Use this URL to cite or link to this record in EThOS: http://ethos.bl.uk/OrderDetails.do?uin=uk.bl.ethos.645649
Title: Making power, doing politics : the film industry and economic development in Aotearoa/New Zealand
Author: Neitzert, Eva
Awarding Body: London School of Economics and Political Science (University of London)
Current Institution: London School of Economics and Political Science (University of London)
Date of Award: 2007
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Abstract:
Over the last decade creative industries, such as film and fashion, have become increasingly commonplace items on economic development agendas at urban, regional, and national scales. A sizeable academic literature has emerged to document this 'creative turn' in economic policy. The existing literature often locates the widespread adoption of creative industry policies within either a capitalist system that increasingly demands creativity if accumulation is to be secured or a series of powerful travelling policy discourses which impose themselves on local landscapes irrespective of fit. These explanations are, however, rarely substantiated empirically to show how, in very material ways, capitalism or travelling policy discourses make demands of a particular locality. In this thesis, Actor- Network Theory (ANT) is used to argue for a less 'determined' approach to the study of creative industries in economic development: the assumptions about macro phenomena structuring the local are put aside in order to tell the story of one situated case of creative industries-based economic development. The specific case that is examined is the film industry of Aotearoa/New Zealand. In the period from 1999 to 2005, the Aotearoa/New Zealand film industry went from being almost entirely absent from economic development policy to playing a central role. The thesis draws on extensive documentary analysis and 58 interviews to construct a description of the practices, devices, techniques, and knowledges that were deployed to constitute, shape, contest, and stabilise the role of the film industry within economic development. What emerges from this description is that contingency and opportunism, rather than capitalist demands or global travelling policy discourses, are key to explaining the prioritisation of the film industry. This suggests that ANT makes visible political processes that often remain hidden from view but are crucial to understanding the way that power is made and politics is done.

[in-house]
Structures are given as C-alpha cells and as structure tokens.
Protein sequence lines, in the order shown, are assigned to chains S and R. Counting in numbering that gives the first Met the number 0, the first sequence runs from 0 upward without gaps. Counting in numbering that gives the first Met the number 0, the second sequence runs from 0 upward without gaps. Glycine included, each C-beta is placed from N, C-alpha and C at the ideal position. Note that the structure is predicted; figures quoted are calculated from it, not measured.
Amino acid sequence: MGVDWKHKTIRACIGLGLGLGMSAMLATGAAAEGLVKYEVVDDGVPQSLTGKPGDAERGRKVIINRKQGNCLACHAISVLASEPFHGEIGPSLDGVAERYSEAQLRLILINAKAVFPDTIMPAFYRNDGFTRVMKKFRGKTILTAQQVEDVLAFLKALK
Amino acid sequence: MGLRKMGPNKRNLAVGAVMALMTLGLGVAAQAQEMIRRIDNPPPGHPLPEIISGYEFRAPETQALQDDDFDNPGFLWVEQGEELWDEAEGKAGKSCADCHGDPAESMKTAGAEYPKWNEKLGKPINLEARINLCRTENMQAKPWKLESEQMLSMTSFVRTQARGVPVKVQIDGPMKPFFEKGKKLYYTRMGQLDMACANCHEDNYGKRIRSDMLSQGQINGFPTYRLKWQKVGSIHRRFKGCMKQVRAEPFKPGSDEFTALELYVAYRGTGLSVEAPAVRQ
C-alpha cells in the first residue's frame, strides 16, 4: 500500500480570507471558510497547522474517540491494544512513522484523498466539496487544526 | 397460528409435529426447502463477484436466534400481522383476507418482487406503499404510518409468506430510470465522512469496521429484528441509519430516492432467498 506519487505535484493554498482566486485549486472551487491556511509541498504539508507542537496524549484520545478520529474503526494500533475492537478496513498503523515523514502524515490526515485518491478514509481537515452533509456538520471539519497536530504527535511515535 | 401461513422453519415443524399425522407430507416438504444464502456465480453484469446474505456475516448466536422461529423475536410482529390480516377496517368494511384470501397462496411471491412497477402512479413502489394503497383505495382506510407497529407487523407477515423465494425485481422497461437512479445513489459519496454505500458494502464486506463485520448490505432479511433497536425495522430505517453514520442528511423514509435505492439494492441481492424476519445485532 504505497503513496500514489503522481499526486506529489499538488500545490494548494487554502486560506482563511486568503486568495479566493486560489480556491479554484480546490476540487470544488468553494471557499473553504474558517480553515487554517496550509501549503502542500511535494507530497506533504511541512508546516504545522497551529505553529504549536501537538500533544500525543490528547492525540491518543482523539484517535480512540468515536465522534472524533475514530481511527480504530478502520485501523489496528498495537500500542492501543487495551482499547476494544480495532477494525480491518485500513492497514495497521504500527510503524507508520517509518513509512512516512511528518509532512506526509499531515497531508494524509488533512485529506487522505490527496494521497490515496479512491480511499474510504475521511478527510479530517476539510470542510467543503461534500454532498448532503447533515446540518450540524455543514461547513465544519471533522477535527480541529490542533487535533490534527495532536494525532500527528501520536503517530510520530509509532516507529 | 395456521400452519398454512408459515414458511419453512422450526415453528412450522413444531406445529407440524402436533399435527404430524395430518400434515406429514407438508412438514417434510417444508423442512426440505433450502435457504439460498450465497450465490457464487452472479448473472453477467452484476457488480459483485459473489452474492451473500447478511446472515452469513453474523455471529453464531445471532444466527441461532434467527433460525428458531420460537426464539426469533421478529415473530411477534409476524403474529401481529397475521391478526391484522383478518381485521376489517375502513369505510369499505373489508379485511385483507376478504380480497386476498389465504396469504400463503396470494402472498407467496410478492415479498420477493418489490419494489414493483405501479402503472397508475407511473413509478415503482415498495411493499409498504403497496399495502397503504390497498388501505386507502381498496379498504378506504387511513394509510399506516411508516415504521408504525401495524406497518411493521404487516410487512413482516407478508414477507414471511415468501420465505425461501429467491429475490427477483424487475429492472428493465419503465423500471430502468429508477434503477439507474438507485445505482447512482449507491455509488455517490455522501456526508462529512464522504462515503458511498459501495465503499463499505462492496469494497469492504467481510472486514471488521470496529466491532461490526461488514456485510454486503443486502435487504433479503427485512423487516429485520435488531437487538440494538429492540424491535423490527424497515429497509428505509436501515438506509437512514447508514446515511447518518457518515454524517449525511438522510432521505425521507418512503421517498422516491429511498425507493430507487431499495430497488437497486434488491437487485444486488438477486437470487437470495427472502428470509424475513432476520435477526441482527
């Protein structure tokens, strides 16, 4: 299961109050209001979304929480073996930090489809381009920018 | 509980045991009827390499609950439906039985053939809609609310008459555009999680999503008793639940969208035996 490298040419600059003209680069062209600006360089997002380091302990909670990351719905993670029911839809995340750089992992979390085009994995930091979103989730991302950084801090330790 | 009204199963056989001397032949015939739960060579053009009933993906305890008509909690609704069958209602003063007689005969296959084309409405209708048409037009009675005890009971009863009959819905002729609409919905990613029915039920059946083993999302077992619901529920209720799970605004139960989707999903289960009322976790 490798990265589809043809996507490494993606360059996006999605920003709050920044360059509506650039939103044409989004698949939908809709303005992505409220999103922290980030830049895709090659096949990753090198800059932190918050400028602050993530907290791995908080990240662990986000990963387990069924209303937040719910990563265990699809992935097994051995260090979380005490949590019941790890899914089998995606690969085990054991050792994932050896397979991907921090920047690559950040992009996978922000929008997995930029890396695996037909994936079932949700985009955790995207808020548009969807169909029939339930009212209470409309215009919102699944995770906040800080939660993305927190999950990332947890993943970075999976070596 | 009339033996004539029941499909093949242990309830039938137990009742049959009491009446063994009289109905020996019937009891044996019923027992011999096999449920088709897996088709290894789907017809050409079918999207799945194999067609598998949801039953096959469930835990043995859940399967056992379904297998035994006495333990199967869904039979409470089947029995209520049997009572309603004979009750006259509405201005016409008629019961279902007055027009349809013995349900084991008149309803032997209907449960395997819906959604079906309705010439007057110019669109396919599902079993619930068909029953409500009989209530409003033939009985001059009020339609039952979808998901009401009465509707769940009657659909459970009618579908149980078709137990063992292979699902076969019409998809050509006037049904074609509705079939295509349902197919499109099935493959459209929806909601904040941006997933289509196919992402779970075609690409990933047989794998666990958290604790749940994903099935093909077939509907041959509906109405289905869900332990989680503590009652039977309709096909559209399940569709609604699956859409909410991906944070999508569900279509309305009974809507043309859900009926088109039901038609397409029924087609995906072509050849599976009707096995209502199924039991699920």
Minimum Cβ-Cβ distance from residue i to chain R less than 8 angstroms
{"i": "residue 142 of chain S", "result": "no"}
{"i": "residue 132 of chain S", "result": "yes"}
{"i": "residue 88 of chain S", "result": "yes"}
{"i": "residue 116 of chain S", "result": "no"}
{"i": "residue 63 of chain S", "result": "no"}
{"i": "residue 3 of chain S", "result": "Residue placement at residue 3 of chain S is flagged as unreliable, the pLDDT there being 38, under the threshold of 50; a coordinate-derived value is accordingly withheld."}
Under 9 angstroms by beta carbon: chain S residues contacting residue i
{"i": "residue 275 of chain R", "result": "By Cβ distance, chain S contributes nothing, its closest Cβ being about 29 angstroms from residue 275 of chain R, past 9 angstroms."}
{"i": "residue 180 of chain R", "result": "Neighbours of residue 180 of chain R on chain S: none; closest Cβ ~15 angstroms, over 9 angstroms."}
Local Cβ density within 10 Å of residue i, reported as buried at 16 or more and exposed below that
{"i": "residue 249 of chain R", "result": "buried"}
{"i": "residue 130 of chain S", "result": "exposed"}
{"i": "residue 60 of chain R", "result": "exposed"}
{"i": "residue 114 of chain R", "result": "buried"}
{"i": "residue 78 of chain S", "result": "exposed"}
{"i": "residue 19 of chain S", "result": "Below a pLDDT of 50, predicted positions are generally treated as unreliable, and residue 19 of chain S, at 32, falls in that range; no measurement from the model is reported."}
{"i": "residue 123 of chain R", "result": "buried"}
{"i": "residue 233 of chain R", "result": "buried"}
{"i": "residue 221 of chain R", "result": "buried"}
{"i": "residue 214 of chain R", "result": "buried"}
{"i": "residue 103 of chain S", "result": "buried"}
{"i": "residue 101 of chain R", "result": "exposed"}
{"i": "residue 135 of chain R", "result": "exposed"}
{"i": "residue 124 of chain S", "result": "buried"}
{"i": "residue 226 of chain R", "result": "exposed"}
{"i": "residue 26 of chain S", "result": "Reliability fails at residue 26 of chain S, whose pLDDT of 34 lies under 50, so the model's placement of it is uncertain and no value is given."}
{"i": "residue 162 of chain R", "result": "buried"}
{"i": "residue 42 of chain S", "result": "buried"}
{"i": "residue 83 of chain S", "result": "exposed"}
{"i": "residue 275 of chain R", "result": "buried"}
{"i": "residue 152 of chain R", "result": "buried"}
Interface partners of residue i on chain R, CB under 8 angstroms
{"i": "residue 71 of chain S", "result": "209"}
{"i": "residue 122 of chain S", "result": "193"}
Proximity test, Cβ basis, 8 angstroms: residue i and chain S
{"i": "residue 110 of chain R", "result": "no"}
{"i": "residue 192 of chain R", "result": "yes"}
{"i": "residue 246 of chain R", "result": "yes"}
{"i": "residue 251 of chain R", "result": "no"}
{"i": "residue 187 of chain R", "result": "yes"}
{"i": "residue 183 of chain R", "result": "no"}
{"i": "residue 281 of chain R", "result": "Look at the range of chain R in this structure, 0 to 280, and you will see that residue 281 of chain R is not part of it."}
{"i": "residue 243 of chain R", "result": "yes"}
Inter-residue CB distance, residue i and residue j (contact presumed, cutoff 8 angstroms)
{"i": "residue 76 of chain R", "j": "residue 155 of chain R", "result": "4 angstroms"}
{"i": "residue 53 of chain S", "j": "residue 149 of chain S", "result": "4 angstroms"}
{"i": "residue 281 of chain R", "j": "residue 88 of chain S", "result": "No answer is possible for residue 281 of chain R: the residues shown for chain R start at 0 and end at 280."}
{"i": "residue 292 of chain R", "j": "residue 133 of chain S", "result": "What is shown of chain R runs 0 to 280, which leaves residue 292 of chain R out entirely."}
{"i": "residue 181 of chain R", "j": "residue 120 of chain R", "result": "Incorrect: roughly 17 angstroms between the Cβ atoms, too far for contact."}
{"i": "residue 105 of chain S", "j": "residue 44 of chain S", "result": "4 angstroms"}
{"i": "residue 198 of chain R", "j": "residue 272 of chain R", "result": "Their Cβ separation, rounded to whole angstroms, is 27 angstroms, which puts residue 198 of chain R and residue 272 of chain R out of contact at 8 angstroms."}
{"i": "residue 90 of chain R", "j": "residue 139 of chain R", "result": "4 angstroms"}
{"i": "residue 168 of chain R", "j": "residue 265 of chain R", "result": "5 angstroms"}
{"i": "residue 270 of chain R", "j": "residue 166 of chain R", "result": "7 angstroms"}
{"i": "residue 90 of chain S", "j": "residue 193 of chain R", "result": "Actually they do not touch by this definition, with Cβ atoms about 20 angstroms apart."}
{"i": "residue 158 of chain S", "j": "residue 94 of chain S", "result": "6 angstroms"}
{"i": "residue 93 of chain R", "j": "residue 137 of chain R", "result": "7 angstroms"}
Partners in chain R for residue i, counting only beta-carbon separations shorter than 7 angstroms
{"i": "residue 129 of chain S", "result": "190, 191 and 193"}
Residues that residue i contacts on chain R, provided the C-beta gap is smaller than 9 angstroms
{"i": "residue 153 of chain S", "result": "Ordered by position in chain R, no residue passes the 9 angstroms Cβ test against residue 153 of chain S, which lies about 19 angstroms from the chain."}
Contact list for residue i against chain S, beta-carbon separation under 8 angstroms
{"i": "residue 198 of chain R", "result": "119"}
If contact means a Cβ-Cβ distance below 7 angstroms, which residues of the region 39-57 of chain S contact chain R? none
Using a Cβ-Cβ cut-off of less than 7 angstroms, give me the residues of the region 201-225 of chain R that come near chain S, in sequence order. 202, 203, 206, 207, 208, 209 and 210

Supervisor: Not available Sponsor: Not available
Qualification Name: Thesis (Ph.D.) Qualification Level: Doctoral
EThOS ID: uk.bl.ethos.645649  DOI: Not available
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